Tests of nerve injury: There is a limited range of tests above clinical assessment. The main test is known as an “electrical test”. The medical terms are “neurophysiological assessment” or “EMG” studies. A specialist (neurophysiologist) places electrodes on the patient’s arm and hand and sends electrical impulses (as short electrical shocks) up and down the arm. The speed and strength of transmission of the signals is measured and gives an indicator of nerve function. The testing is a little uncomfortable but is normally well tolerated by both adults and children. Unfortunately the test is of very little use before about 6 weeks from injury making assessment of patients with recent nerve injuries potentially very difficult. Patients therefore need to see experienced Hand specialists.
In theory an MRI scan should show nerves but at present the resolution is not sufficient for this to be useful below the collarbone. In time this should improve.
Tests for associated injuries: Nerve injuries can occur in association with fractures. X-rays will be helpful in assessing the fracture and this may guide the specialist as to the likely severity of any nerve injury.
What treatment is needed?
Many nerve injuries do not need treatment but recover very well. The more severe the injury the greater the need for treatment.
There are in essence three types of treatment: Removal of the cause of the nerve injury, treatment of the nerve and later reconstructive surgery.
Removal of the cause: This is not always necessary. If there has been a cut with a knife the cause will have been removed. But if there has been pressure on a nerve such as from a spike of bone following a fracture then removal of this cause may be sufficient to allow the nerve to recover. Sometimes the nerve can be “rerouted”, especially at the elbow.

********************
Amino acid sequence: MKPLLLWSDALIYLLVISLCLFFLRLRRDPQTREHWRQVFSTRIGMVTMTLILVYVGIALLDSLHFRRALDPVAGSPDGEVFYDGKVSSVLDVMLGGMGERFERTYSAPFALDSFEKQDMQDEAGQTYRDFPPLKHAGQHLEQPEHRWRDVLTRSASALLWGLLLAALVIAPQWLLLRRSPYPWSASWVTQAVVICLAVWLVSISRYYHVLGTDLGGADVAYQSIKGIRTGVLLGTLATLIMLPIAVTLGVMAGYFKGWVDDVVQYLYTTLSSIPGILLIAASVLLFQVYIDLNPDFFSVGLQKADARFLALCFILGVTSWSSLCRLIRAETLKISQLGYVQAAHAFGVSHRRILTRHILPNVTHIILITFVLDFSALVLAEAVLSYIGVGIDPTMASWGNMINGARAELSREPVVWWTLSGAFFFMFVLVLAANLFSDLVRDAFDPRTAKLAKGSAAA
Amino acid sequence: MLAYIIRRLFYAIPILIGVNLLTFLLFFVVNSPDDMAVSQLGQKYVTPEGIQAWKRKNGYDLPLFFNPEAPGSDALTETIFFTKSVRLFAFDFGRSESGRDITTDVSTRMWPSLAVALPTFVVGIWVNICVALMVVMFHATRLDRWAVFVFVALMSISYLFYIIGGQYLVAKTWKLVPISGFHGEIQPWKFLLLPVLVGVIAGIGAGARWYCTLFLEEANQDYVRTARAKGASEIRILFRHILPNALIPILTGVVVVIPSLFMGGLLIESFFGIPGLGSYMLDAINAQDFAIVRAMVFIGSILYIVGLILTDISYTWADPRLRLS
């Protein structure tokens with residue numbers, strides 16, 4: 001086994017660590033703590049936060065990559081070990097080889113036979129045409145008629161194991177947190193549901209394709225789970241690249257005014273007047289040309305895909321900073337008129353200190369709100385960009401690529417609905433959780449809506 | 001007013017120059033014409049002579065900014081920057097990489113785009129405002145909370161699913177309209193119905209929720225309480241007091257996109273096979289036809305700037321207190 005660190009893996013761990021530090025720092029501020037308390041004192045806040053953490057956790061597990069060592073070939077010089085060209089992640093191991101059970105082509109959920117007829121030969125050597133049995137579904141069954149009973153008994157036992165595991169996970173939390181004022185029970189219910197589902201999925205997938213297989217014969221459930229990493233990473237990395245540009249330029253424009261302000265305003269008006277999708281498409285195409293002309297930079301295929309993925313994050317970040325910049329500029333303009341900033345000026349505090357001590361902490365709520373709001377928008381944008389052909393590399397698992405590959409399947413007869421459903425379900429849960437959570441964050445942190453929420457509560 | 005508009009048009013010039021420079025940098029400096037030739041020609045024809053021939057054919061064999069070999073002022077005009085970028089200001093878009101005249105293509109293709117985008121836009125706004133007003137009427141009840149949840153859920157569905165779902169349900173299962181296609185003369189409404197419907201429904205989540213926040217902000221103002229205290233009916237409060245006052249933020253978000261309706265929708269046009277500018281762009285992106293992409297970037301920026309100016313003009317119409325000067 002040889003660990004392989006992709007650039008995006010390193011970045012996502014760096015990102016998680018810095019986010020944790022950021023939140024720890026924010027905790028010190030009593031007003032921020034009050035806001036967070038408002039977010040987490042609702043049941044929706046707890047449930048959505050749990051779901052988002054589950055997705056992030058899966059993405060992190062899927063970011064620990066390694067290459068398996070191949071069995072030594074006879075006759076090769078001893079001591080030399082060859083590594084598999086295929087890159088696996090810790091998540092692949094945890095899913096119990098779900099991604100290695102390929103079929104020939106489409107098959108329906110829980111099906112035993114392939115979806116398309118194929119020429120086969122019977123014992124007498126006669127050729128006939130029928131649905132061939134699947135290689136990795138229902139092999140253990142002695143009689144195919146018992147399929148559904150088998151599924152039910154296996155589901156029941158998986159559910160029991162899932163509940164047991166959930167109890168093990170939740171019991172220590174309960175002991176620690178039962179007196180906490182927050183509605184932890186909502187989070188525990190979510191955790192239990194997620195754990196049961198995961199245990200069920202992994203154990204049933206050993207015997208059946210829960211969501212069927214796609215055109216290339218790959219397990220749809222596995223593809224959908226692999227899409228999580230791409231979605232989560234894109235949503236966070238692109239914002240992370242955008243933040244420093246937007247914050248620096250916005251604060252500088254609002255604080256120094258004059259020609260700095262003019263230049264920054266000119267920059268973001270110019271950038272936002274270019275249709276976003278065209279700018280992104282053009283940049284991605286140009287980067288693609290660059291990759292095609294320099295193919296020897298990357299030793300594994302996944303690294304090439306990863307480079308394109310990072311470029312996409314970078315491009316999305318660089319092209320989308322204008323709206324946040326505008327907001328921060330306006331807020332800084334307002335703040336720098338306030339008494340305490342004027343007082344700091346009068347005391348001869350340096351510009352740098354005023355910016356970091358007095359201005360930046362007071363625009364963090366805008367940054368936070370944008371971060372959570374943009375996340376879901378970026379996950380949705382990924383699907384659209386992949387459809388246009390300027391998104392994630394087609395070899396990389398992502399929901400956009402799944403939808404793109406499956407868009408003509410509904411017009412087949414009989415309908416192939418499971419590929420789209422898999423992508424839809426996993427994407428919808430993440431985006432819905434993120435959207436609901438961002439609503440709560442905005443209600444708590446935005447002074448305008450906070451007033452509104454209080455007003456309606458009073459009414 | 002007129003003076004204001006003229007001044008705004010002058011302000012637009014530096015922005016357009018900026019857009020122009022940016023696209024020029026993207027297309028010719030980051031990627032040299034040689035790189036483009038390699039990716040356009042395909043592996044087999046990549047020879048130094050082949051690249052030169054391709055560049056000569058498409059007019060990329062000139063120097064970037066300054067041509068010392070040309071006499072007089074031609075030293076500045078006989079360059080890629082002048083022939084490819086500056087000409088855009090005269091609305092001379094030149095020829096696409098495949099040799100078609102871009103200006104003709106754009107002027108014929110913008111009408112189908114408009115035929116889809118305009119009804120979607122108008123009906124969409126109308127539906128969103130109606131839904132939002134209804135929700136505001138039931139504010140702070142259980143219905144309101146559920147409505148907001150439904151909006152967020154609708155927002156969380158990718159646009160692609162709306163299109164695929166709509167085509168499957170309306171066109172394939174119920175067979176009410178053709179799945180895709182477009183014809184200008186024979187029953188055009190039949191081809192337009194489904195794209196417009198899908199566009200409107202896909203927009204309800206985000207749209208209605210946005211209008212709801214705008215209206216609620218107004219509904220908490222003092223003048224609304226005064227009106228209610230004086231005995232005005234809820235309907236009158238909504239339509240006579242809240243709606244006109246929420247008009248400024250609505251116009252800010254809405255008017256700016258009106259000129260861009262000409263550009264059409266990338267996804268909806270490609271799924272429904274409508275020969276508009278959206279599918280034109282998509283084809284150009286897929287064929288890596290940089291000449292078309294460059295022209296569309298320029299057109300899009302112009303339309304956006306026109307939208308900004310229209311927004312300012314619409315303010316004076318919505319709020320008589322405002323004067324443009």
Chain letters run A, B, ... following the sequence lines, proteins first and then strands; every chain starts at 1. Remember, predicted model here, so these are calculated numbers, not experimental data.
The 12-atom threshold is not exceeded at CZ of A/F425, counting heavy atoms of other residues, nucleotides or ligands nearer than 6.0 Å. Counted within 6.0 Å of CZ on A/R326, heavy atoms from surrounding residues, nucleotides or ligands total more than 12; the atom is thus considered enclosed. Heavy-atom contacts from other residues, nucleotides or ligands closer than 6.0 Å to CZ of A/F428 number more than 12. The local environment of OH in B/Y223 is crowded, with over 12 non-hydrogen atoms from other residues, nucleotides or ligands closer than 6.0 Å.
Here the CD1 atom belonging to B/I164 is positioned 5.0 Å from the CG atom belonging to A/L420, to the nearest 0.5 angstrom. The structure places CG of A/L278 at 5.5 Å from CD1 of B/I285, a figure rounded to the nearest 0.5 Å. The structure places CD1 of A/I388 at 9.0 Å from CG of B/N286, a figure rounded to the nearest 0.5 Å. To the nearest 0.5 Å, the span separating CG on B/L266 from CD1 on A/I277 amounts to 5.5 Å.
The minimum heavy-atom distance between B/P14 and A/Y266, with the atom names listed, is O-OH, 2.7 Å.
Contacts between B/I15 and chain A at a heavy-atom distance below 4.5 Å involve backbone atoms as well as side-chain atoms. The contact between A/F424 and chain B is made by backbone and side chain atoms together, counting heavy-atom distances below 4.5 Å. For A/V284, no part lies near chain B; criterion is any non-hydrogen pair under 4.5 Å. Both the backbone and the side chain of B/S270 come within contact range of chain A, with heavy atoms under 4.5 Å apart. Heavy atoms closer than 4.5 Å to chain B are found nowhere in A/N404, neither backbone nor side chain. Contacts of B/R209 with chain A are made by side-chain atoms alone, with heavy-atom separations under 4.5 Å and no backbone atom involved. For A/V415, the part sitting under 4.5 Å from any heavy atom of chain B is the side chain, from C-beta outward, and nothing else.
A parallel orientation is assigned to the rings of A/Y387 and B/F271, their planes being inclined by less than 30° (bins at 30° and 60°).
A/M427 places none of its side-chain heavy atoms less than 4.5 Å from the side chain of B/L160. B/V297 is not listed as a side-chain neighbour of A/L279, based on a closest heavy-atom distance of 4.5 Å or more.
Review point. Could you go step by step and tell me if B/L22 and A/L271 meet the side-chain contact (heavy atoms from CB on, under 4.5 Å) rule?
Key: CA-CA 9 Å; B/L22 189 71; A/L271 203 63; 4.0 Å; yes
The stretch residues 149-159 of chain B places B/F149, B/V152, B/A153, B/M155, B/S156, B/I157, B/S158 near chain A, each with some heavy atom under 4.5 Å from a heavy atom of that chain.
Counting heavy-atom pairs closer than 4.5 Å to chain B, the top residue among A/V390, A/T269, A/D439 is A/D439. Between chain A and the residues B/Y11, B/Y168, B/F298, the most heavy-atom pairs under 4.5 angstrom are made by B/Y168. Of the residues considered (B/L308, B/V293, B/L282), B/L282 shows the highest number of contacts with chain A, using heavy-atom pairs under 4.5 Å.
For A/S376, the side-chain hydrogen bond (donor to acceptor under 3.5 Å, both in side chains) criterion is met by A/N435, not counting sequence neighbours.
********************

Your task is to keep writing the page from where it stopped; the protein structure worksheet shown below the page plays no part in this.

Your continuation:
Treatment of the nerve: The nerve must be protected from further injury. For example if it has been stretched following a fracture then preventing further damage such as more stretching will help the nerve to recover. This may include a sling to support the arm and possibly a splint or plaster for the arm or hand. Nerves typically need protection for up to 6 weeks from injury. If there has been a significant injury to the nerve it will need surgical exploration i.e. a surgeon needs to find and look at the nerve to see whether it needs repairing. If there has been a cut then the nerve ends can be sewn together and the nerve will recover in part by growing new nerve endings into the far end of the nerve. After a one month “rest period” the nerve regrows at about 1 mm a day (roughly an inch a month) so if the nerve is cut in the forearm or arm the recovery time is very long (many months). If there has been a broad area of nerve damage such as from a crush or stretching injury a section of nerve may be so damaged that it needs to be cut out. The nerve cannot then be sewn end to end so a bridge of nerve graft taken from elsewhere in the body (usually a less important nerve from the same arm or occasionally the leg) and sewn or glued in place to aid recovery. The repairs/grafts need to be protected in plaster/splint for 4-6 weeks.
Later reconstructive surgery: If nerve repair is not possible or fails to give a good recovery then reconstructive surgery can be considered to improve hand/arm function. Usually this is delayed for a good 6-12 months to see what recovery will occur in the nerve. Recovery of feeling (sensation) is difficult to achieve with reconstruction and is generally not undertaken except in children who can adapt better. Recovery of movement can be worthwhile. Normally this involves moving the tendon from one working muscle and rerouting it to the tendon of a muscle that is not working. The brain can then be trained to use the tendon transfer like the original muscle/tendon. This is complex specialist surgery with a long period of rehabilitation to ensure a good result but can give a dramatic recovery of function.
What happens in the next few weeks?